British Science Association Media Fellowship Scheme — entries for 2018 are open

Entries are now open for a University funded Fellowship from the British Science Association Media Fellowship Scheme.

Would you like to discover what it’s like to work as a science journalist on a national newspaper, television news desk or Nature News? How would you like to spend 2-6 weeks in a national news organisation or programme-making team?

This year, Communications and Advocacy within External Relations is funding one place for an academic to participate in the British Science Association (BSA) Media Fellowship scheme.

The BSA Media Fellowship scheme — which is the only one of its kind in the UK — gives practicing scientists, clinicians, engineers and social sciences and arts academics the unique opportunity to spend 2-6 weeks working at the heart of a media outlet such as the Guardian, the BBC or the Times. Fellows on the scheme are mentored by professional journalists. They learn how the media operates and reports on science, how to communicate with the media and how to engage the wider public with science through the media.

The scheme, which has been run by the BSA since 1987, aims to give academics the confidence and willingness to engage with the media and tackle issues of mistrust and misrepresentation and to give journalists access to new scientific expertise. The scheme also reflects the association’s commitment to increasing the accessibility of the sciences and providing opportunities for discussion and debate.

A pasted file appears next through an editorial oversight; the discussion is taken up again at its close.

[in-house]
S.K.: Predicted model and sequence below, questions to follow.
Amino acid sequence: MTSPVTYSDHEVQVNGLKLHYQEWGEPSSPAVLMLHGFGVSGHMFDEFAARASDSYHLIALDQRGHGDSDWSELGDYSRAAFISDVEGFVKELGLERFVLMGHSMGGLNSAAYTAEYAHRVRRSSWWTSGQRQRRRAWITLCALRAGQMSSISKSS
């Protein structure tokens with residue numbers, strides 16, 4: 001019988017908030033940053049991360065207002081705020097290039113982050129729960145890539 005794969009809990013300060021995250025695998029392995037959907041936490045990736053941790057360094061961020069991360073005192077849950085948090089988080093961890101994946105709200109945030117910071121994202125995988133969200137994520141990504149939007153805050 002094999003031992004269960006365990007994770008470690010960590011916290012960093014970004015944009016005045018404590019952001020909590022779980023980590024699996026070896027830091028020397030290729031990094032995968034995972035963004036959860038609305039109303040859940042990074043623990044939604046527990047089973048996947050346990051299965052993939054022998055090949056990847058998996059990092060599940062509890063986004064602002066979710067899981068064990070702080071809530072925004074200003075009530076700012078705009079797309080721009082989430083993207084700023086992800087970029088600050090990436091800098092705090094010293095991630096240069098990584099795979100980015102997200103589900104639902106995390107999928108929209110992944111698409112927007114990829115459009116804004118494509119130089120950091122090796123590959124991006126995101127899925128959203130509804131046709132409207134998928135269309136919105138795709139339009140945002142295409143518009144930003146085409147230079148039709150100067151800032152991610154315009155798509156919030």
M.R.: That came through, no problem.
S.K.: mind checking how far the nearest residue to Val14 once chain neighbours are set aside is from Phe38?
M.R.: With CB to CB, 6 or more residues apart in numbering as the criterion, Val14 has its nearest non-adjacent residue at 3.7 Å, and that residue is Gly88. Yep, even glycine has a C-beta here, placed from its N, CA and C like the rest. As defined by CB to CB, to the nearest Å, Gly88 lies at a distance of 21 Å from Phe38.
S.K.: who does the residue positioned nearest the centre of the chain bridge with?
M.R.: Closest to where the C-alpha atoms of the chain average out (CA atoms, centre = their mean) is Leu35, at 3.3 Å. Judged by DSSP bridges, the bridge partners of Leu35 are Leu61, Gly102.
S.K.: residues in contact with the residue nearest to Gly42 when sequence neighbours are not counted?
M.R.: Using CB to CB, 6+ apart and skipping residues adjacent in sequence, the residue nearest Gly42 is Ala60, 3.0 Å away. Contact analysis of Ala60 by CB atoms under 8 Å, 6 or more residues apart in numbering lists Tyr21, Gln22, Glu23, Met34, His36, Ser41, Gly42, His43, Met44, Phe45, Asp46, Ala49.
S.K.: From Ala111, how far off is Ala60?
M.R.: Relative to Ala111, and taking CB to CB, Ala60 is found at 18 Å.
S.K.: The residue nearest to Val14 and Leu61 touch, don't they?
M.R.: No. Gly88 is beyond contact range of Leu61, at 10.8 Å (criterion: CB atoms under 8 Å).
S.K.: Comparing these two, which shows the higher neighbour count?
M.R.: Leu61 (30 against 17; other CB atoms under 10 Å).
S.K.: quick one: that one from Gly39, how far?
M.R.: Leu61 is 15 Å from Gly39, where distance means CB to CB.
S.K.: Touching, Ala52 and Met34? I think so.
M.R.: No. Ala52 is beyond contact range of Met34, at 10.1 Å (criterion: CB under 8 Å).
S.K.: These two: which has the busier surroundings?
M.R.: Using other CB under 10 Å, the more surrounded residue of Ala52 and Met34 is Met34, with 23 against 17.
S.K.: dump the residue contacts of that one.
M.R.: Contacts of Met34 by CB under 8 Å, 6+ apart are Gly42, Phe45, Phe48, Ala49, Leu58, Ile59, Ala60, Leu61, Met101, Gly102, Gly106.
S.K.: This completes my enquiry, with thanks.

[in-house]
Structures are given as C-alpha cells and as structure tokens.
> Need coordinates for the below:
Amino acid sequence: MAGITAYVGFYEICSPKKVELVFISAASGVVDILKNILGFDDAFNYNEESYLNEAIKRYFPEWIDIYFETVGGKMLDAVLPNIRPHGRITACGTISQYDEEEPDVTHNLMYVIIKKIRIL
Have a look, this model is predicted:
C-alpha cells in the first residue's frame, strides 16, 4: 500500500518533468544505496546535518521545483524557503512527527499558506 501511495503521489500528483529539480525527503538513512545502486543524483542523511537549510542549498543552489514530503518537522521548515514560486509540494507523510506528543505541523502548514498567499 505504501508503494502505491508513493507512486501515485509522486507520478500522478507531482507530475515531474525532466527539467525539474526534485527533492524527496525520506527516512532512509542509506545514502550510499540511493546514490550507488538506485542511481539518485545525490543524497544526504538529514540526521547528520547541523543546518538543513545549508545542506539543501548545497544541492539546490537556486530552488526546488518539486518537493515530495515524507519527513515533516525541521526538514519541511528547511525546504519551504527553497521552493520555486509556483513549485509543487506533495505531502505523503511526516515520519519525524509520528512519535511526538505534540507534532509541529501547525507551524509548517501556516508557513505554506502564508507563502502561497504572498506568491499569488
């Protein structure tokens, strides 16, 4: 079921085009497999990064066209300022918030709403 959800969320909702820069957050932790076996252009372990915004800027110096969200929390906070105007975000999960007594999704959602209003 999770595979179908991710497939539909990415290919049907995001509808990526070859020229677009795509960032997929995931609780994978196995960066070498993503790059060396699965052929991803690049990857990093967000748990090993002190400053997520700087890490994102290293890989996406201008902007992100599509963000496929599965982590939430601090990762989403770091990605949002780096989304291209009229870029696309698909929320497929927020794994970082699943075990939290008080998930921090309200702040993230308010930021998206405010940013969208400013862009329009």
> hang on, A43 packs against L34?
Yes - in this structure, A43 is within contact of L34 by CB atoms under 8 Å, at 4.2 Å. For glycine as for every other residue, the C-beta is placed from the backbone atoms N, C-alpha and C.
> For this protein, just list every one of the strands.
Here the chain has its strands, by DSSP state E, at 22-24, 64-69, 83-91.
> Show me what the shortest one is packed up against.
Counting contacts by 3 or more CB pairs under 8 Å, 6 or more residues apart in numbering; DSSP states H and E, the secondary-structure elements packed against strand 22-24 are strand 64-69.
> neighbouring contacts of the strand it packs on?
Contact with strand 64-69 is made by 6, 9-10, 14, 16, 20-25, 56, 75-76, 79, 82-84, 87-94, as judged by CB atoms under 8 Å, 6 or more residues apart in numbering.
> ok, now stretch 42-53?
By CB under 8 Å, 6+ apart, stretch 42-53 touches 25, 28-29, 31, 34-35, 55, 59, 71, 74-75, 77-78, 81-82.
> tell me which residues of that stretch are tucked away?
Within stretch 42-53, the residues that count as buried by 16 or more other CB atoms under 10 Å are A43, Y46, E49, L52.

After their media placement Fellows will attend the British Science Festival in September (this year in Hull), which provides an opportunity to gain valuable experience working alongside a range of media organisations from all over the UK in the BSA’s dedicated Press Centre. The Festival also offers opportunities to learn from a wide range of public engagement activities and network with academics, journalists and science communicators.

  • In 2017, Dr Rebecca Dewey, from Physics and Astronomy, had a stint on BBC Radio 2’s Jeremy Vine Show. Watch the video about her experience.
  • In 2012 Jonathan Ball, Professor of Molecular Virology, became a Media Fellow. Since then he has been interviewed by media organisations across the world and is a regular contributor to the BBC World Service. He has been interviewed and quoted extensively on the Ebola crisis. He spoke at a media workshop for fellow academics on his journey from ‘Media sceptic to Believer’.

Find out more:

The deadline for applications is 9am, Monday 9 April 2018. A shortlist of applications will be put forward by the Communications and Advocacy team, with the final successful applicant chosen by the BSA.

For more details on taking part in this year’s fellowship scheme — including key dates, eligibility and an entry form for University of Nottingham-funded placements — please visit the scheme webpage.

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